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Free to Use or Share University of Wyoming 2022 DOI: 10.13140/RG.2.2.33474.91843/1
A Brief Summary of Beaver Mimicry and Streamflow Prepared by Niall Clancy & Marshall Wolf
Beaver restoration and mimicry is growing in
popularity as a means of “low-tech” stream restoration.
Beaver restoration is the technique of trapping and
translocating nuisance beavers to areas where dam
building is expected to be beneficial.
Beaver mimicry is
the process of building beaver dam analogs (BDAs) to
provide some of the same benefits of real beaver dams.
Both real and analog beaver dams slow water velocities,
capture sediment, increase riparian soil moisture, and
create habitat diversity in streams. These changes are
largely beneficial to stream and riparian vegetation and
organisms, increasing overall riverscape health.
However, given that beaver mimicry has only recently
become a widespread restoration technique, there is
question about how beaver dam analogs might impact
downstream water users. We reviewed reports on
streamflow related to beaver mimicry and summarize
their findings here.
Summary of Reports
Because streamflow varies by year, day, and stream
reach, it can be difficult to determine when streamflow
changes are due to natural variation vs. stream
alterations unless changes are large. This is especially
true if groundwater variation is not also monitored.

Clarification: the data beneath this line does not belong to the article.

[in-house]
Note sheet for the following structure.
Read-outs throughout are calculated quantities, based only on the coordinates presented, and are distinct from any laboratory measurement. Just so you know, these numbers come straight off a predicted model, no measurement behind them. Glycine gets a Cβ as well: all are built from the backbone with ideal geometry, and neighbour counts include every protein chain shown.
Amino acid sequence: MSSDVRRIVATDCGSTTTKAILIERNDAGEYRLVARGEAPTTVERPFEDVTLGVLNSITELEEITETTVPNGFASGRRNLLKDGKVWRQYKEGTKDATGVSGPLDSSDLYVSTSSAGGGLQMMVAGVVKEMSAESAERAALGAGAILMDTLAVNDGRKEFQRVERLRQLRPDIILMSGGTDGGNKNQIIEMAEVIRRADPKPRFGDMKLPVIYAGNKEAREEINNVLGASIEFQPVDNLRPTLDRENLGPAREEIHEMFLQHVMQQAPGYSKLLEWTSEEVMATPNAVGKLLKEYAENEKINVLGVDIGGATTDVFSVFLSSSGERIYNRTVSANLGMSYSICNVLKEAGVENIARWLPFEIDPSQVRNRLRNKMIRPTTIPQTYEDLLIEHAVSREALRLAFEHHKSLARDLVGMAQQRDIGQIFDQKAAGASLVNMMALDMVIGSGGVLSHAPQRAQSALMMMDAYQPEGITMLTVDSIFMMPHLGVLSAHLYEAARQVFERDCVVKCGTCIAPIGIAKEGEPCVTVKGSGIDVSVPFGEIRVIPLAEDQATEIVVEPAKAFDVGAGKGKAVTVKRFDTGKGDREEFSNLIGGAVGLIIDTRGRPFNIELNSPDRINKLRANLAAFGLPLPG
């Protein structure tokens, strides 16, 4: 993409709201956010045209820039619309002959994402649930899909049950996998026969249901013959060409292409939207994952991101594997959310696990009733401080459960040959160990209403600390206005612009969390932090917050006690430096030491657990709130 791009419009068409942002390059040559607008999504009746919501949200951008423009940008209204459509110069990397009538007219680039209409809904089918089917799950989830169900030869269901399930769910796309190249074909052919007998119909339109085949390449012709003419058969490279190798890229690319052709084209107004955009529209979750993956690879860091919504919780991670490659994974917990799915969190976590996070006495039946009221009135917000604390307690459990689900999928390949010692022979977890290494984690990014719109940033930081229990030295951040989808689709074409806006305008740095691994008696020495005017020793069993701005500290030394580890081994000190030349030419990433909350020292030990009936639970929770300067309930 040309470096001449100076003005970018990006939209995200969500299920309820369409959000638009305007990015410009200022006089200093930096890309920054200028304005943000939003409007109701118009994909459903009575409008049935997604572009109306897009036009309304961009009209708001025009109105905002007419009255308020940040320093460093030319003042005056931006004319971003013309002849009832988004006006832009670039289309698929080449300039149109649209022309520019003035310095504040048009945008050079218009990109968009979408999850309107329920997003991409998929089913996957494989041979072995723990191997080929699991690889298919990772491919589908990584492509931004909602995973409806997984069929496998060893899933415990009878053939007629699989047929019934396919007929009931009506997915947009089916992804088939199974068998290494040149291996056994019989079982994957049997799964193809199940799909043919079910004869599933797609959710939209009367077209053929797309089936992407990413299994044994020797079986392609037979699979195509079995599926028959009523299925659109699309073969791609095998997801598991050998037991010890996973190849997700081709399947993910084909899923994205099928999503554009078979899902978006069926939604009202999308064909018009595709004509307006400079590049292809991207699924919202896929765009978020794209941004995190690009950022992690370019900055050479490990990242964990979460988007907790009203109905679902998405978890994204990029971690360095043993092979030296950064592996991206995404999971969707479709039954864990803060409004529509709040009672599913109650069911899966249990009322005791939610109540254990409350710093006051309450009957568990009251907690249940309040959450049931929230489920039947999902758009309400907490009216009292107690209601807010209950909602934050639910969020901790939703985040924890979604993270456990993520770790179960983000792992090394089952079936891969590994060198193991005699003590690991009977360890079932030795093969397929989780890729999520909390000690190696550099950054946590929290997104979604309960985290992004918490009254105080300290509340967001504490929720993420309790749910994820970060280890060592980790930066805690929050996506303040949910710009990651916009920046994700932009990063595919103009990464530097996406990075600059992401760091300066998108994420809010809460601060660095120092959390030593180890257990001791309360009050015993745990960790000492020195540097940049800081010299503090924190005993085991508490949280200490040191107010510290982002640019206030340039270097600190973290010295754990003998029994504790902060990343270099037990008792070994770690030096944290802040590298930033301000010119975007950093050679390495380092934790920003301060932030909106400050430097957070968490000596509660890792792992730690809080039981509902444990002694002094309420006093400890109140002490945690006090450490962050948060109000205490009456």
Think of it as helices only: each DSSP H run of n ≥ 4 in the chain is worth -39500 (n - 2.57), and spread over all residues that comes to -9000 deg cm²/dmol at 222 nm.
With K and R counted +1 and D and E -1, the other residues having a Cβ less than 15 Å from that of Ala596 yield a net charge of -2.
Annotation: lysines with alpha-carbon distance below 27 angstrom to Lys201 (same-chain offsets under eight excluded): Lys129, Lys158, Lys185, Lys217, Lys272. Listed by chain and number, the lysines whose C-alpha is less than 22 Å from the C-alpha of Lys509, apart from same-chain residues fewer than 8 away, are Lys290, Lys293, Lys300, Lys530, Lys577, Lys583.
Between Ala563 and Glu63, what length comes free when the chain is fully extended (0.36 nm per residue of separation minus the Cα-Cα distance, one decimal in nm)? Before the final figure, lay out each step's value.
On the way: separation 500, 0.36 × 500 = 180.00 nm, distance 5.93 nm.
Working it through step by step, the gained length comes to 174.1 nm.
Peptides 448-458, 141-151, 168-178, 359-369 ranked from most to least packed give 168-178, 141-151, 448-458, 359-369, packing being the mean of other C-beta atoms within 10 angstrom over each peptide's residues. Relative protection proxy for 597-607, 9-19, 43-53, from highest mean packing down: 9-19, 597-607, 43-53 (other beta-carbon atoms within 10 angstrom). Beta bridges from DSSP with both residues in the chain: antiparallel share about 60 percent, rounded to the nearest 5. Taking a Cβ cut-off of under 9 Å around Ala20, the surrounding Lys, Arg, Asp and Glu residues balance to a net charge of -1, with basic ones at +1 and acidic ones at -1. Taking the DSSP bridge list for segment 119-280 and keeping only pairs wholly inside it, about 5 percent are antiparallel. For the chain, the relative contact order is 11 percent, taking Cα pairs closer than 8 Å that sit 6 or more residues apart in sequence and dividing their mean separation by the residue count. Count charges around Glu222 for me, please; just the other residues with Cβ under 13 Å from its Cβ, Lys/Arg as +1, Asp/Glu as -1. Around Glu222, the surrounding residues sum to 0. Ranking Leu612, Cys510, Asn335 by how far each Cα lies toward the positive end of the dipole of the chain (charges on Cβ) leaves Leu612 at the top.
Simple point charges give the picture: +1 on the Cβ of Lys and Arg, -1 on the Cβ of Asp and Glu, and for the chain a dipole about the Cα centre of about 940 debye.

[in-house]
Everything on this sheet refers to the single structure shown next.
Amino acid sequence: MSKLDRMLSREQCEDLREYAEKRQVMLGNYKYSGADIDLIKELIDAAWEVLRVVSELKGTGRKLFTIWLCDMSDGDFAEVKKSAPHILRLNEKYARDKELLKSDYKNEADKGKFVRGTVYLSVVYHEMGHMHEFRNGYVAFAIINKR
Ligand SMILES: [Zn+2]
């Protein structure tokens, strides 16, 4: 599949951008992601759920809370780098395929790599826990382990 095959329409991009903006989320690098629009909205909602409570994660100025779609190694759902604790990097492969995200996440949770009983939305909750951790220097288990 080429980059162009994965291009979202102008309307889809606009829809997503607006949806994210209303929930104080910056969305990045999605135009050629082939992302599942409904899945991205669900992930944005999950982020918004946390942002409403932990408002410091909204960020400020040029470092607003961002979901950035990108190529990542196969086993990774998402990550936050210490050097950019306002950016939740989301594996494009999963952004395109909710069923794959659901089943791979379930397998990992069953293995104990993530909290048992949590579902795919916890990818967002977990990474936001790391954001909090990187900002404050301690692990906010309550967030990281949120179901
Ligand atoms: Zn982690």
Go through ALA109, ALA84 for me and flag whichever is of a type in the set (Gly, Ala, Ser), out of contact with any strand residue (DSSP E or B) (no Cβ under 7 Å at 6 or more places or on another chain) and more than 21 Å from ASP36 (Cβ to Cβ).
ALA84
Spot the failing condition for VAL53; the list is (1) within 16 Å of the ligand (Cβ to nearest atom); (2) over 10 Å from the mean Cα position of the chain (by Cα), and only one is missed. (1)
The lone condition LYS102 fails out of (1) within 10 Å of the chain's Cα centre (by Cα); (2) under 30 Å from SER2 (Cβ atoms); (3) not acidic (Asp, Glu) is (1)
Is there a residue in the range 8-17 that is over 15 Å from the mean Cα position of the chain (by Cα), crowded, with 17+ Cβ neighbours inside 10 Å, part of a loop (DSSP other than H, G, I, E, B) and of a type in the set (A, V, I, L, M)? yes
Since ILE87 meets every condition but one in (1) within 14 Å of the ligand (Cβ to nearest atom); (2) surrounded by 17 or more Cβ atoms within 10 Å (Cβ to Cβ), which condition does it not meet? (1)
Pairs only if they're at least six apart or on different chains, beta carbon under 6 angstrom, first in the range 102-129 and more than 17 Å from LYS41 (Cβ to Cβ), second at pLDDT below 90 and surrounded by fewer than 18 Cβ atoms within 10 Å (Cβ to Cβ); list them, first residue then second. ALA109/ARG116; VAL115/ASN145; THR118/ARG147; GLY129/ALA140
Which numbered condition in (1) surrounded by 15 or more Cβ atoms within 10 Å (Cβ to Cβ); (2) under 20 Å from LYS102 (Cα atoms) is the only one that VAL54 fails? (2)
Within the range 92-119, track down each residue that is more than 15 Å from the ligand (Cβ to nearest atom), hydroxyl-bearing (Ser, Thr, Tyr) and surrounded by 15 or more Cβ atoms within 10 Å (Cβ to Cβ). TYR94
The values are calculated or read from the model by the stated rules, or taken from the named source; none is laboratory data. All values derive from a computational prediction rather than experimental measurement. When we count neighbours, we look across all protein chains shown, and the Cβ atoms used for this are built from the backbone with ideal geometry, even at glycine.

Actively maintained, natural beaver dam complexes are
known to attenuate peak flows and increase late season
While this increased baseflow could be beneficial
to fish and other stream-dwelling organisms, the
magnitude is small enough that meaningful changes to
downstream water rights are unlikely.
One study found
beaver colonization of a Utah stream turned a losing
reach (-0.2 ft3/s), into a gaining reach (+1.81 ft3/s and
+2.87 ft3/s in the following 2 yrs).
Of 6 studies that quantified streamflow associated with
beaver mimicry (3-14 BDAs ea.), 4 observed minimal or
no difference in discharge.d,
A study in central Oregon
(21 BDAs) reported a slight decline in streamflow
immediately downstream of BDA’s after initial
construction; the decline lasted for a matter of days and
was followed by a net increase in baseflow relative to
See Goldfarb, B. 2018. Eager. Chelsea Green Publishing, Hartford.
Shahverdian, S.M., et al. 2019. Utah State University Restoration
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Bobst, A. 2019. Montana Technological University, guest lecture on 10-
Nyssen, J., et al. 2011. J HYDROL. DOI: 10.1016/j.jhydrol.2011.03.008
Hafen, K. 2017. Utah State University, thesis. DOI: 10.26076/657c-5e7c
control locations.
This is likely reflective of the time it
takes for ponded water to saturate surrounding soils.
Similarly, a project in western Montana (18 BDAs)
attenuated peak- and low-flows (i.e., stored more water
in spring and released it throughout the late summer).g
Since BDAs are seldom maintained as meticulously as
natural beaver dams, BDAs are more porous and
streamflow impacts are expected to be smaller than those
from natural beaver dams.
Small BDA projects tend not to have
observable impacts on streamflow.
Larger BDA projects (~20 BDAs) can store
run-off and increase baseflows.
Natural variation in streamflow often masks
any potential changes caused by beaver
mimicry projects.
BDA projects are expected to have little impact
on total downstream water delivery and
potentially positive increases to baseflow.
Niall G. Clancy, MS PhD student at the University of Wyoming,
Wyoming Cooperative Fish & Wildlife Research Unit
J. Marshall Wolf PhD candidate at Utah State University,
Department of Watershed Sciences
Majerova, M., et al. 2015. HYDRO EARTH SYST SCI. DOI:10.5194/hess-
Norman, E.G. 2020. Montana Technological University, thesis.
Munir, T.M. & C.J. Westbrook. 2021. RIVER RES APPLIC. DOI:
Wolf, J.M. Unpublished data from northern Utah.
Weber, N., et al. 2017. EcoLogical Research, report. DOI:
Joe Wheaton (CC-BY)
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